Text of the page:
If all data is continuous, the default estimator in the lavaan package is
maximum likelihood (
estimator = "ML"). Alternative estimators available in
"GLS": generalized least squares. For complete data only.
"WLS": weighted least squares (sometimes called ADF estimation). For complete data only.
"DWLS": diagonally weighted least squares
"ULS": unweighted least squares
Many estimators have ‘robust’ variants, meaning that they provide robust standard errors and a scaled test statistic. For example, for the maximum likelihood estimator, lavaan provides the following robust variants:
"MLM": maximum likelihood estimation with robust standard errors and a Satorra-Bentler scaled test statistic. For complete data only.
"MLMVS": maximum likelihood estimation with robust standard errors and a mean- and variance adjusted test statistic (aka the Satterthwaite approach). For complete data only.
"MLMV": maximum likelihood estimation with robust standard errors and a mean- and variance adjusted test statistic (using a scale-shifted approach). For complete data only.
"MLF": for maximum likelihood estimation with standard errors based on the first-order derivatives, and a conventional test statistic. For both complete and incomplete data.
"MLR": maximum likelihood estimation with robust (Huber-White) standard errors and a scaled test statistic that is (asymptotically) equal to the Yuan-Bentler test statistic. For both complete and incomplete data.
ULS estimators, lavaan also provides ‘robust’
that for the robust
WLS variants, we use the diagonal of the weight matrix
for estimation, but we use the full weight matrix to correct the standard
errors and to compute the test statistic.
If maximum likelihood estimation is used (
"ML" or any of its
robusts variants), the default behavior
of lavaan is to base the analysis on the so-called biased sample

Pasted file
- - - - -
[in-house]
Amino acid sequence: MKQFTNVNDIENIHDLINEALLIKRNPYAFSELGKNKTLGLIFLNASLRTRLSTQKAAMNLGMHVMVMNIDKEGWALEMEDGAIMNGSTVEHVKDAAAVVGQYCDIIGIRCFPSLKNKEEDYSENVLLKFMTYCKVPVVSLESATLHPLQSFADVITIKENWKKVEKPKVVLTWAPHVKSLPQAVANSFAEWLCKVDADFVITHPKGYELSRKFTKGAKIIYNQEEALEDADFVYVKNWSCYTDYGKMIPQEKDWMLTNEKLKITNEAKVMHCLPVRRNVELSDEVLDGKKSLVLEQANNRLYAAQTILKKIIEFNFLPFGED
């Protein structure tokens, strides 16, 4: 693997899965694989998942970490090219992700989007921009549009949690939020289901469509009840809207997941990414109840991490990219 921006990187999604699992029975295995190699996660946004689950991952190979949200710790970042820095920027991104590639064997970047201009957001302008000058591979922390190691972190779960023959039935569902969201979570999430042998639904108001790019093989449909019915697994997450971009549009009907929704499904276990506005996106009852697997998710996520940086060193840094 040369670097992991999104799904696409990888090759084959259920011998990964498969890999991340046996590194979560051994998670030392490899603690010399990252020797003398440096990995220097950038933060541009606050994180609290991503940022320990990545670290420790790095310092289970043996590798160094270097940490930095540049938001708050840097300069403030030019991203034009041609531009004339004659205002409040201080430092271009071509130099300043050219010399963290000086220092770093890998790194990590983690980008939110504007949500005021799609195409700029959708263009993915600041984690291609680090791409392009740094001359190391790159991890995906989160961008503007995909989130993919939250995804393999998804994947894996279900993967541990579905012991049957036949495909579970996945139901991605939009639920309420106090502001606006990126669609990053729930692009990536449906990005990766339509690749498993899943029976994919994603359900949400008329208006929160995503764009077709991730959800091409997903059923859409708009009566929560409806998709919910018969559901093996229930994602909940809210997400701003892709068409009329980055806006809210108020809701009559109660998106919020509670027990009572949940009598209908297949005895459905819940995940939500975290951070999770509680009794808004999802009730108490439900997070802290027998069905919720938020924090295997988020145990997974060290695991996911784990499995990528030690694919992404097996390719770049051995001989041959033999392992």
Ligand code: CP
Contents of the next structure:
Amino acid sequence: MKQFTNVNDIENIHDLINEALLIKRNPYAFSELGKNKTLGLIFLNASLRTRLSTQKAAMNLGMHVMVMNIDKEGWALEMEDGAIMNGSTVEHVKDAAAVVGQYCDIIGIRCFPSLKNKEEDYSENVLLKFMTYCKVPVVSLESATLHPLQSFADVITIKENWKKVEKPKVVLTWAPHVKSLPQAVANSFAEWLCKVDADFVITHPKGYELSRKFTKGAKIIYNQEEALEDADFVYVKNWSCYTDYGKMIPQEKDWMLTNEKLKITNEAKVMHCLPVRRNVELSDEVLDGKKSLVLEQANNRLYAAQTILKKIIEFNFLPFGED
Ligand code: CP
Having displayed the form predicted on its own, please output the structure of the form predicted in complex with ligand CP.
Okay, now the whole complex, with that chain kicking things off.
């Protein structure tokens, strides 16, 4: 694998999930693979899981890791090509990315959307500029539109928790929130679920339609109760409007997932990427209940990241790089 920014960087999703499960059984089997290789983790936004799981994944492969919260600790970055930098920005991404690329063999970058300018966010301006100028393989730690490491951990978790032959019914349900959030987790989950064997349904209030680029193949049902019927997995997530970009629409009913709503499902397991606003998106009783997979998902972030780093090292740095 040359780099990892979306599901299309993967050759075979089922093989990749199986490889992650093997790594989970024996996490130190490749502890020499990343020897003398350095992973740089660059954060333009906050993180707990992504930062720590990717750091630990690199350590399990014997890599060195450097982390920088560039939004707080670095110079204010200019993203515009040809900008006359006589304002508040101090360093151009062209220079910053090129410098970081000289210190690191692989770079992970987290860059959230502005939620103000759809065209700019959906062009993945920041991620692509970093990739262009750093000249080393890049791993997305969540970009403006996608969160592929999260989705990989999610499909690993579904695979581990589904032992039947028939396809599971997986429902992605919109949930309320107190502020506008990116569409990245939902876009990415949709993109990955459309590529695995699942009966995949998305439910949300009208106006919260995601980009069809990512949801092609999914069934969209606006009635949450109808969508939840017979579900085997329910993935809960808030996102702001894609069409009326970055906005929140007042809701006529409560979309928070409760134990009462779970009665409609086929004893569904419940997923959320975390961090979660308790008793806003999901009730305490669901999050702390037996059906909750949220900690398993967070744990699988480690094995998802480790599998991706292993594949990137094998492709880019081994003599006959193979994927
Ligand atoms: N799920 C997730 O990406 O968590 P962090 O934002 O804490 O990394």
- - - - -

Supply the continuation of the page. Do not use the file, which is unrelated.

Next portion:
covariance matrix, where the elements are divided by $n$ instead of
$n-1$. This is done internally, and should not be done by the user. In
addition, the chi-square statistic is computed by multiplying the
minimum function value with a factor $n$ (instead of $n-1$). This is
similar to the Mplus program. If you prefer to use an unbiased
covariance, and $n-1$ as the multiplier to compute the chi-square
statistic, you need to specify the
likelihood = "wishart"
argument when calling the fitting functions. For example:
fit <- cfa(HS.model, data = HolzingerSwineford1939, likelihood = "wishart") fit
lavaan (0.6-1) converged normally after 35 iterations Number of observations 301 Estimator ML Model Fit Test Statistic 85.022 Degrees of freedom 24 P-value (Chi-square) 0.000
The value of the test statistic will be closer to the value reported by programs like EQS, LISREL or AMOS, since they all use the ‘Wishart’ approach when using the maximum likelihood estimator. The program Mplus, on the other hand, uses the ‘normal’ approach to maximum likelihood estimation.
If the data contain missing values, the default behavior is listwise deletion.
If the missing mechanism is MCAR (missing completely at random) or MAR (missing
at random), the lavaan package provides case-wise (or ‘full information’)
maximum likelihood estimation. You can turn this feature on, by using the
missing = "ML" when calling the fitting function. An unrestricted
(h1) model will automatically be estimated, so that all common fit indices are
Standard errors are (by default) based on the expected information matrix. The
only exception is when data are missing and full information ML is used (via
missing = "ML"). In this case, the observed information matrix is used to
compute the standard errors. The user can change this behavior by using the
information argument, which can be set to
If the estimator is simply
"ML", you can request robust standard errors by
se argument, which can be set to
Or simply to
"none" if you don’t
need them. This will not affect the test statistic. In fact, you can choose the
test statistic independently by using the
test argument, which can be set to
There are two ways for using the bootstrap in lavaan. Either you can set
test = "bootstrap" when fitting the model (and you will get
bootstrap standard errors, and/or a bootstrap based p-value respectively), or
you can you the
bootstrapLavaan() function, which needs an already fitted
lavaan object. The latter function can be used to ‘bootstrap’ any statistic
(or vector of statistics) that you can extract from a fitted lavaan object.